At the end of August, Grand Canyon University Public Safety Officer Ryan Sand gave a presentation to our College of Science, Engineering and Technology faculty on Active Shooter awareness. The presentation covered several topics, including a procedure to follow when an active shooter alarm is given, what to do when a student is belligerent, a reminder to always be aware of exits and even a refresher on the use of a fire extinguisher. 

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By Mark Wireman, DC
Assistant Professor, College of Science, Engineering and Technology

I was recently asked to participate in a self-defense class with a few fellow faculty members. In all honesty, I agreed to attend just to be part of the group, and I did not really put much thought into the content we would learn in the class.

In retrospect, I should have been more prepared. To be clear, I am not referring to being prepared physically (I am an avid runner for the past two years), but more of being prepared mentally.

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By Isac Artzi, PhD
Faculty, College of Science, Engineering and Technology

Much has been written recently about the discovery of evidence that points towards the existence of gravitational waves. Rather than repeating what has already been widely reported, let us examine another perspective on this discovery.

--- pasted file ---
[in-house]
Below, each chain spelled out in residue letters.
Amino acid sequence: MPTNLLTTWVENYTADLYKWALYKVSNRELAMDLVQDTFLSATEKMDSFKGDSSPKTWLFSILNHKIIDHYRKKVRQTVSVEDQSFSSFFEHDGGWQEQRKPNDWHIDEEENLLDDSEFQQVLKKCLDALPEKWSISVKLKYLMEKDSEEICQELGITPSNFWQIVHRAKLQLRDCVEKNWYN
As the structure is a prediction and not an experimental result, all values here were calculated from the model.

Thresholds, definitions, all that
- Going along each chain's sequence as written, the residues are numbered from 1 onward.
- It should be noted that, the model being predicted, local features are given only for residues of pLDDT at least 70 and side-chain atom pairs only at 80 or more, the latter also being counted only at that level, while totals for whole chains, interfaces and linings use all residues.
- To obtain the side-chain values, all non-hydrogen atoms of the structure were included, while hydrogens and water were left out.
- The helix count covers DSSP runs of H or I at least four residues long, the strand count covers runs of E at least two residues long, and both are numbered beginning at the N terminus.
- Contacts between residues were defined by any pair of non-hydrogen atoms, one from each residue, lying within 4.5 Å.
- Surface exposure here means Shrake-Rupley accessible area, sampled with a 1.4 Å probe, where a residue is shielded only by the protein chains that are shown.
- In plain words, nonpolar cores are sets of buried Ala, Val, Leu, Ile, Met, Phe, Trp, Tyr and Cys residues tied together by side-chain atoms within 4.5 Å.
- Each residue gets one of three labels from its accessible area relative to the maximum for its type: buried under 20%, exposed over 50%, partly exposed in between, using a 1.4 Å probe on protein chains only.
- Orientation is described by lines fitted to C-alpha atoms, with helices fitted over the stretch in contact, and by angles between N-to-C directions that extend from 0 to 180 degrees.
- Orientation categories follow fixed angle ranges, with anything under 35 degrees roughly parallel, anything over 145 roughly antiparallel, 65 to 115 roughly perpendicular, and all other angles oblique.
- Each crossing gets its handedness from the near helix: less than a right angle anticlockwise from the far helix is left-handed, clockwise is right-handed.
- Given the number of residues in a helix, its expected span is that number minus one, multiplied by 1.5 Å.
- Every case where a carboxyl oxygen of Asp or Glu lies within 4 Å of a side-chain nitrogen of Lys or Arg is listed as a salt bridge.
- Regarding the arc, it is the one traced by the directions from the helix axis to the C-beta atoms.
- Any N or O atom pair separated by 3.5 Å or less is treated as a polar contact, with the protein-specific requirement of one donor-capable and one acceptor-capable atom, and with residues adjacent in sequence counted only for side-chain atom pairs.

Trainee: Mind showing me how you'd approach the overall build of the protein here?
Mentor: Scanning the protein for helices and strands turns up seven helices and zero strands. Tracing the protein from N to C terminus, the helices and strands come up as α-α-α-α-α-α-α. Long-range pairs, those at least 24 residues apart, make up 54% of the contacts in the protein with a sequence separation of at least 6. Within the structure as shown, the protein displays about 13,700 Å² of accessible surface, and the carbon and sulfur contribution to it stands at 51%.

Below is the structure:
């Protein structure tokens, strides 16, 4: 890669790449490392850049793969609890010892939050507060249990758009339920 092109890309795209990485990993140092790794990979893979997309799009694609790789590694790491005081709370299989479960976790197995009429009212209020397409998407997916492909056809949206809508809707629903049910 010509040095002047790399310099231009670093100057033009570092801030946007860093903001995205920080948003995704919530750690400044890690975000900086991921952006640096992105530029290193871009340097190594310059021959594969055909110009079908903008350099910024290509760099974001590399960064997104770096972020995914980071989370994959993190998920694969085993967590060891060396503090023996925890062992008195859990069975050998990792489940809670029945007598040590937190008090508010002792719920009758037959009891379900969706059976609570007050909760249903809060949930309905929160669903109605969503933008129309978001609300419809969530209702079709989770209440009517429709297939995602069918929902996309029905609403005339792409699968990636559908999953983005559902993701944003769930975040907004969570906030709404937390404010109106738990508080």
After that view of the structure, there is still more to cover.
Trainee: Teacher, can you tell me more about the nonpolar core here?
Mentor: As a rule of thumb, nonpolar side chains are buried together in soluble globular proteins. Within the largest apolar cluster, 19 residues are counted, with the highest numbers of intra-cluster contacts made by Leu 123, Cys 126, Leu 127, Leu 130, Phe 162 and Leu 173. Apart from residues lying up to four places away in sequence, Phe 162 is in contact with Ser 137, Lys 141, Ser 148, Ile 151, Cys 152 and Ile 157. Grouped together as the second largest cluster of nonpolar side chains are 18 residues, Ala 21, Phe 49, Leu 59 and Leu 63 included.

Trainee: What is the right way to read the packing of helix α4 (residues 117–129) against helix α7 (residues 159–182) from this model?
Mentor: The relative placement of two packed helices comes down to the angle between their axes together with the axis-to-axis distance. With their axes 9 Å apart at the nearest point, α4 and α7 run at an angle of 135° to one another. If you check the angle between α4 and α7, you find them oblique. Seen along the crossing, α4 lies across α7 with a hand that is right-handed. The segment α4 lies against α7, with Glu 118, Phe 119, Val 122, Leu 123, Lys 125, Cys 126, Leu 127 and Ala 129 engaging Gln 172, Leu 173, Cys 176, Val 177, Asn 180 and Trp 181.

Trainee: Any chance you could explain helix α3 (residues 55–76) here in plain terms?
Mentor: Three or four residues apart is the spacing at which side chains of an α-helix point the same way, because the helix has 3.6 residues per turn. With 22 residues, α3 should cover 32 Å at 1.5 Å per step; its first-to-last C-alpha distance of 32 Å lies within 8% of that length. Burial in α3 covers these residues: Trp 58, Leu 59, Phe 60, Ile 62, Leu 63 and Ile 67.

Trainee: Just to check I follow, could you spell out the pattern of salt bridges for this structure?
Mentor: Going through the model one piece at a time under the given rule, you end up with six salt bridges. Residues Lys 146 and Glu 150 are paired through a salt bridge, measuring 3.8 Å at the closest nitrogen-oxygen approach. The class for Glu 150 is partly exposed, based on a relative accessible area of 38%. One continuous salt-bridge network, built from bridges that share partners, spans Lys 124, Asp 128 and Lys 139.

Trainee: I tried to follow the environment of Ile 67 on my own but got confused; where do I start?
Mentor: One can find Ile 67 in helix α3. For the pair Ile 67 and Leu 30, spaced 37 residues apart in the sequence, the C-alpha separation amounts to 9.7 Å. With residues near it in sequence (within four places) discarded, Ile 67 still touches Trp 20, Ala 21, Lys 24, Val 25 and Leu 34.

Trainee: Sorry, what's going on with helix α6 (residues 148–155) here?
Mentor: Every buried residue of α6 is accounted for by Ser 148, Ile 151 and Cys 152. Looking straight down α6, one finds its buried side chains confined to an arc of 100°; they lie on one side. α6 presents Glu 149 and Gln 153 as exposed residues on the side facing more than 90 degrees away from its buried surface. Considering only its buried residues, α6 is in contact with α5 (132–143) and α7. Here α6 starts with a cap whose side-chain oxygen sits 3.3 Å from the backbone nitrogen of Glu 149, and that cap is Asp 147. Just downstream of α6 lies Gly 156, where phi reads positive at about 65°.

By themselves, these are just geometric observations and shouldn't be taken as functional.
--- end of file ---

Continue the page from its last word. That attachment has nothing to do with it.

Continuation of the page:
Back in 1916, Albert Einstein proposed the existence of gravitational waves as a “side effect” of his general theory of relativity. Einstein noted that since mass and energy are interchangeable, large bodies of mass or large amounts of energy could affect (i.e. distort) space-time, which can be viewed as a fabric. What is commonly referred to as gravitation is nothing other than a bend in the fabric of space-time. Distortions could in turn cause ripples throughout the fabric.

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It is no secret that Grand Canyon University President and CEO Brian Mueller works incredibly hard to strive for growth and success within GCU’s campus and community. One of his most recent awards was the 2015 “Non-Member” of the year by The Institute of Electrical and Electronics Engineers (IEEE) Phoenix Section. He was recognized for his leadership in expanding STEM programs at GCU, offering affordable education and revitalizing West Phoenix socially and economically.

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By Brian Sillanpaa, MD
Assistant Professor, College of Science, Engineering and Technology

Search EBSCOhost for the measles vaccine and autism, and you will pull up hundreds of articles. Do a Google search, and you will get thousands of hits. Go and ask parents who have children who suffer from autism, and I guarantee the vast majority will state unequivocally that there is a link.

In fact, go ahead and ask Dr. Andrew Wakefield, and let me know how that goes.

You see, Dr. Wakefield is the guy who started this whole controversy. You might not know this, but it started in England in 1998.